1. This is a great way for kids to get out energy and engage in pretend play–they become dinosaurs! I’ve used this one successfuly to address emotional regulation when I have kids who are angry or frustrated and need a constructive outlet for their energy. Becoming a dinosaur, stomping feet, and roaring is a great outlet!
  6. I’m in the Mood by Raffi
    1. I first heard this song on Raffi Pandora (my favorite thing to listen to with my one year old!) and instantly loved it. What I like most about it is that it gives space for kids to do the action if they need more processing time (as opposed to some other songs which change so quickly).
  7. Can You Move Like Me? Caroline and Danny on the album Shake and Bake: Music of Fitness and Food
    1. I found this one on www.songsforteaching.com and love it. I’ve made up some of my own verses for my clients but use some of the existing ones too. I like to throw in a lot of muted strumming on this one to make it quite percussive and musically engaging.
  8. Brown Girl in the Ring by Raffi
    1. This song is actually not originally by Raffi (although he does have a recording of it), but is from Jamaica! There are some fun youtube videos that show girls dancing to it. The idea is that the kids get in a circle and take turns dancing in the middle. My clients love it!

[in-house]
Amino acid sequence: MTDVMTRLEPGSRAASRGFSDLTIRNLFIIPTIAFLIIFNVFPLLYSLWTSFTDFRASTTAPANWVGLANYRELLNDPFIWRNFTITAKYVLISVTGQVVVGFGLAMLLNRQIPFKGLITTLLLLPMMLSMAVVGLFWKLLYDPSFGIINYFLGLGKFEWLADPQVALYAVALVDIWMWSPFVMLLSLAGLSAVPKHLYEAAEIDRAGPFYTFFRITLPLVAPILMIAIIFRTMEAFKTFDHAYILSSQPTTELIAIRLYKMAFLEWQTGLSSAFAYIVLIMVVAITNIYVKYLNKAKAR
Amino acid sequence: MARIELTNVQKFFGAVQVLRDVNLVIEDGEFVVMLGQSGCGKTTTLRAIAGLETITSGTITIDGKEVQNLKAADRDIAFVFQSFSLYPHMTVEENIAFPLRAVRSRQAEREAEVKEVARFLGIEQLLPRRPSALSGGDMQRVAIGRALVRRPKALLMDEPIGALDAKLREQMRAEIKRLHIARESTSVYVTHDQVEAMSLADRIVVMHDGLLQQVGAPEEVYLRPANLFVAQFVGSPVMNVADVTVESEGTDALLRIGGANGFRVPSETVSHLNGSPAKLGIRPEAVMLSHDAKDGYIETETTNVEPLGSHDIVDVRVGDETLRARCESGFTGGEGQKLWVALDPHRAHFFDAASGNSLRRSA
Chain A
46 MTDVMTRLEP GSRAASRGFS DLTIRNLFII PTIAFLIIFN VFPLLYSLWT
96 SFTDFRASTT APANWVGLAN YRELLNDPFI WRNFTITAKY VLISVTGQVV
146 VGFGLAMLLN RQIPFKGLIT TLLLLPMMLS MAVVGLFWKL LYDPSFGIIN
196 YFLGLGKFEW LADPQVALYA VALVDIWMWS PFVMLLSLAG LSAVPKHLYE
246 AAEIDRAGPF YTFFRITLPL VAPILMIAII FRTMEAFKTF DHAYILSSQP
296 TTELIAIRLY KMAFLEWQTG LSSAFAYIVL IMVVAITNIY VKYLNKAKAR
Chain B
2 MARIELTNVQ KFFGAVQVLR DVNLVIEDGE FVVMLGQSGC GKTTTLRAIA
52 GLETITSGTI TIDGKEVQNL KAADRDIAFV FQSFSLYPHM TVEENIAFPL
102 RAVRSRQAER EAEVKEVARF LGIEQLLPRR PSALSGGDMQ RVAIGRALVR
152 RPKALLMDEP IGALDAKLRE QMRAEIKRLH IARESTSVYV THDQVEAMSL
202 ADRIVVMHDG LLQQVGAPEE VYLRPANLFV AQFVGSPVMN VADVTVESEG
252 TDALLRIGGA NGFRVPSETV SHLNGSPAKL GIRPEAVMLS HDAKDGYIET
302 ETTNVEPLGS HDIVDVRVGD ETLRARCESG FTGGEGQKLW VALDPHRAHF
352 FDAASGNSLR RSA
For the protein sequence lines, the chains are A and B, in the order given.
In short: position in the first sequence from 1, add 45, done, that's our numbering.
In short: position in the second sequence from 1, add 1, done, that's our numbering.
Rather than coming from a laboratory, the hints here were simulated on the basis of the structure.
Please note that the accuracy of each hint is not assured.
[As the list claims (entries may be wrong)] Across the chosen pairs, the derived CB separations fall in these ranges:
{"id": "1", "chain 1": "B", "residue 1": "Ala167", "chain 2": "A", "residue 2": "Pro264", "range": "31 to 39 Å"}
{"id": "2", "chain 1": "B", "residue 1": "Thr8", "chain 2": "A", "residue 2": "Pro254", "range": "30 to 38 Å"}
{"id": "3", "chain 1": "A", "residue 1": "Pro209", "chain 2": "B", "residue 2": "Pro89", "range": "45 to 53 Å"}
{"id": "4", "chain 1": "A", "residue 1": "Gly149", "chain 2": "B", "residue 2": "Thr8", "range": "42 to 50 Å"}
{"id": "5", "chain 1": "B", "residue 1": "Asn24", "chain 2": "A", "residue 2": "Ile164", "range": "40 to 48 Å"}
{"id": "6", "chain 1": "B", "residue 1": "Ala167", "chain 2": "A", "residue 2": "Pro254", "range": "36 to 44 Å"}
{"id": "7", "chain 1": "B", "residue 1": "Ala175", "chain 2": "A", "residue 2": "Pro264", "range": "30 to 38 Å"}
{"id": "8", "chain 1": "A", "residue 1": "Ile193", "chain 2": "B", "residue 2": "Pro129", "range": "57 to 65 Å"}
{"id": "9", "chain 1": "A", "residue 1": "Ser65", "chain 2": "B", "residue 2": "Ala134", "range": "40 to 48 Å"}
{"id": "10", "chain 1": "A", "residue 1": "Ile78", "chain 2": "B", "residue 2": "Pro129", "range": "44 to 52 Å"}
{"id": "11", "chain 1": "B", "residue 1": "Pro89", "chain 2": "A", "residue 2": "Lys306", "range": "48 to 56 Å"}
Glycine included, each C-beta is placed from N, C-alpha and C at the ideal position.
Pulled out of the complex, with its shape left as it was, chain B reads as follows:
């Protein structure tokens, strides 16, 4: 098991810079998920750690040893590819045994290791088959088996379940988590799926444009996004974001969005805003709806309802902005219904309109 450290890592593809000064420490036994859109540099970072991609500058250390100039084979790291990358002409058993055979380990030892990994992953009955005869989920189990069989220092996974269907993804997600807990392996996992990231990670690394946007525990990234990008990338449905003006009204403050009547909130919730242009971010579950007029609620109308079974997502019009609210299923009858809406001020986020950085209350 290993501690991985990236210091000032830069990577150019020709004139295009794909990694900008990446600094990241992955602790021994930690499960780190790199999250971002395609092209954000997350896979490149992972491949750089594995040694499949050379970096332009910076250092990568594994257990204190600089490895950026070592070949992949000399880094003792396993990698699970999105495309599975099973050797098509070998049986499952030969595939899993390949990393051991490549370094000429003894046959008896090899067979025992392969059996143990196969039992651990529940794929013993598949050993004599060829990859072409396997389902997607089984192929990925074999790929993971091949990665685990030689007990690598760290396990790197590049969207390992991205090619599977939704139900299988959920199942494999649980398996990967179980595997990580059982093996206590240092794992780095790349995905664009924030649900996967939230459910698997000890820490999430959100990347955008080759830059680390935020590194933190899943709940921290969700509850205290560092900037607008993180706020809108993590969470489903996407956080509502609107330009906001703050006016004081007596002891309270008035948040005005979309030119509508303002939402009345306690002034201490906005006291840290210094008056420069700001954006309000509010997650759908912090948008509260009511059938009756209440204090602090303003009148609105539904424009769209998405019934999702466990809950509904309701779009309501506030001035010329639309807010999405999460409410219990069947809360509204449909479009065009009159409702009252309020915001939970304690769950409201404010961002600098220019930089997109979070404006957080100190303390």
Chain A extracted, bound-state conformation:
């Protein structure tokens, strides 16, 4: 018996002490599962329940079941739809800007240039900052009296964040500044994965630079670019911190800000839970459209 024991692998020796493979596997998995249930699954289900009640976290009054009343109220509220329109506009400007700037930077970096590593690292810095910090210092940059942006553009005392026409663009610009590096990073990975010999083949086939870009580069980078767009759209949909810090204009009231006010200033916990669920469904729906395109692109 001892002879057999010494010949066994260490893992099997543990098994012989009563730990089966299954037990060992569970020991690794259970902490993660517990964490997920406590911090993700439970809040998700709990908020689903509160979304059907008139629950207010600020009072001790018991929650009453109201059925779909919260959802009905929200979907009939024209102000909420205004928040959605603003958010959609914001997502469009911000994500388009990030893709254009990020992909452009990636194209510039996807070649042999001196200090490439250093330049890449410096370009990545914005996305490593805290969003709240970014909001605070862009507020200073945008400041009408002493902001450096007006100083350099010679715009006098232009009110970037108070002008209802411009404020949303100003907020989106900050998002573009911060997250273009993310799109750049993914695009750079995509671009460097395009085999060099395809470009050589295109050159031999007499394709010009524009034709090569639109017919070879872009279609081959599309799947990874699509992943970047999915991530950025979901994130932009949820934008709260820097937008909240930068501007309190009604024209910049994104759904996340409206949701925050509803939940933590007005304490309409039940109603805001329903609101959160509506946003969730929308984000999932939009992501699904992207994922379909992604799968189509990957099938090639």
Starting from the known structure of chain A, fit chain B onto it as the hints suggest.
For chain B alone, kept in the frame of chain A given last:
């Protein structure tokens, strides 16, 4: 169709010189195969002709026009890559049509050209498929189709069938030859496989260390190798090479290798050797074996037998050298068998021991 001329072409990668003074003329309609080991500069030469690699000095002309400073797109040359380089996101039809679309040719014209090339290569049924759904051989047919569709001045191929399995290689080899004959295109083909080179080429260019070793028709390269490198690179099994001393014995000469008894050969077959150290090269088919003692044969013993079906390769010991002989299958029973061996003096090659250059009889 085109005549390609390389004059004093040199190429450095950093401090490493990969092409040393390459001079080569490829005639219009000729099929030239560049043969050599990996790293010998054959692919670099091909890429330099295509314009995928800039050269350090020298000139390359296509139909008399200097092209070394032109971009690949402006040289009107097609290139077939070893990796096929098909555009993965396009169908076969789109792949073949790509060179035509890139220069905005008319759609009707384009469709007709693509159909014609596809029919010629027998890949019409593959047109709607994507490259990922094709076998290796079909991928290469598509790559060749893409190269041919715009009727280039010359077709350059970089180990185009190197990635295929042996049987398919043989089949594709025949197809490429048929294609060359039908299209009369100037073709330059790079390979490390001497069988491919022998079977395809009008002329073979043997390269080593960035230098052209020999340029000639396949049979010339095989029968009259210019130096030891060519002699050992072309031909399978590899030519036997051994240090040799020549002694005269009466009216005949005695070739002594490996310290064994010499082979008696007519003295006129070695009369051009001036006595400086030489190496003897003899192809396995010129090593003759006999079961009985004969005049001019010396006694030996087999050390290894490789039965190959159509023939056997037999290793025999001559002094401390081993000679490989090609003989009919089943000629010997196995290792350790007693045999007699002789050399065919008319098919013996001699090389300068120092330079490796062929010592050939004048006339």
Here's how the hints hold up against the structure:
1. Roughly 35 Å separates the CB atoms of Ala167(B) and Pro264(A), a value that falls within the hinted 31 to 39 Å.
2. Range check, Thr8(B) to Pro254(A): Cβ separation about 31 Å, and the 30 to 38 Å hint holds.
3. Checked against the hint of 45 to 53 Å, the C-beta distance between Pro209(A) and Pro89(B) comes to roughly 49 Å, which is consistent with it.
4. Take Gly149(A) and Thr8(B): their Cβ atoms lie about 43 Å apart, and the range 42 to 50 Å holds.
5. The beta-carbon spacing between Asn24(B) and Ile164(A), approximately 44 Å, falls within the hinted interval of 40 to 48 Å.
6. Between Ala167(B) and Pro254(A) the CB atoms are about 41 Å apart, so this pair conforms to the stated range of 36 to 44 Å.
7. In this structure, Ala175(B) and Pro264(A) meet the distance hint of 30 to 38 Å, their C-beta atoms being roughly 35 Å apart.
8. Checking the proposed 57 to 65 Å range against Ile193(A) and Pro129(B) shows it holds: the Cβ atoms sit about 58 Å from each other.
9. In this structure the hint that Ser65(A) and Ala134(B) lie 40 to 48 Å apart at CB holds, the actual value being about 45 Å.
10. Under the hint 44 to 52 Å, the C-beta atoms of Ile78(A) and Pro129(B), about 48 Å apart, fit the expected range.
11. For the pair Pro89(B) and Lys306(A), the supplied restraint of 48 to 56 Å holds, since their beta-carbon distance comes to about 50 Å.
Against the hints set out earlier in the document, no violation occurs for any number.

9. Movin’ Groove by Jaycie Voorhees
    1. I wrote this song using 12 bar blues chords (but not the typical pattern) and I actually still need to record it…so watch for this one to come! It focuses on isolated movements and gives adequate processing time for clients to respond.
  10. One Head by Jaycie Voorhees
    1. I still need to record this one as well! This one works on numbers 1 & 2 by singing about different parts of our body and identifying how many of that body part we have. It’s very simple in nature and lyric as it just says “one head, I have one head….just one head”. But it’s been great in working on body awareness with many of my students.

I hope that gives you some good ideas. I would love to hear from you about the songs that you use to facilitate movement!

This entry was posted in Music Therapy and Autism, Music Therapy with special needs, Resources and tagged , , , . Bookmark the permalink.

6 Responses to Top Ten Movement Songs for Children

  1. anna says:

    The body rock
    greg and steve… It fantastic!
    the kids ALWAYS love it

  2. Dana Bolton says:

    We are the Dinosaurs is one of my favorites too! And I use a lot of Greg and Steve, too. The Freeze, Bop Till You Drop, and Listen and Move are great.

  3. yuri curiel says:

    I really like your songs very cute; but i would like actual lyrics to go with the songs. For my students and i can remember and dance to. I would really appreciate it, thank you.
    Sincerely,
    Yuri Curiel

    • admin says:

      Yuri,
      I suggest googling the songs to find the lyrics as they are all out there and available. You just need the info I’ve provided to find them–the artist and song title. Good luck!
      Jaycie

Leave a Reply

Your email address will not be published. Required fields are marked *

You may use these HTML tags and attributes: <a href="" title=""> <abbr title=""> <acronym title=""> <b> <blockquote cite=""> <cite> <code> <del datetime=""> <em> <i> <q cite=""> <strike> <strong>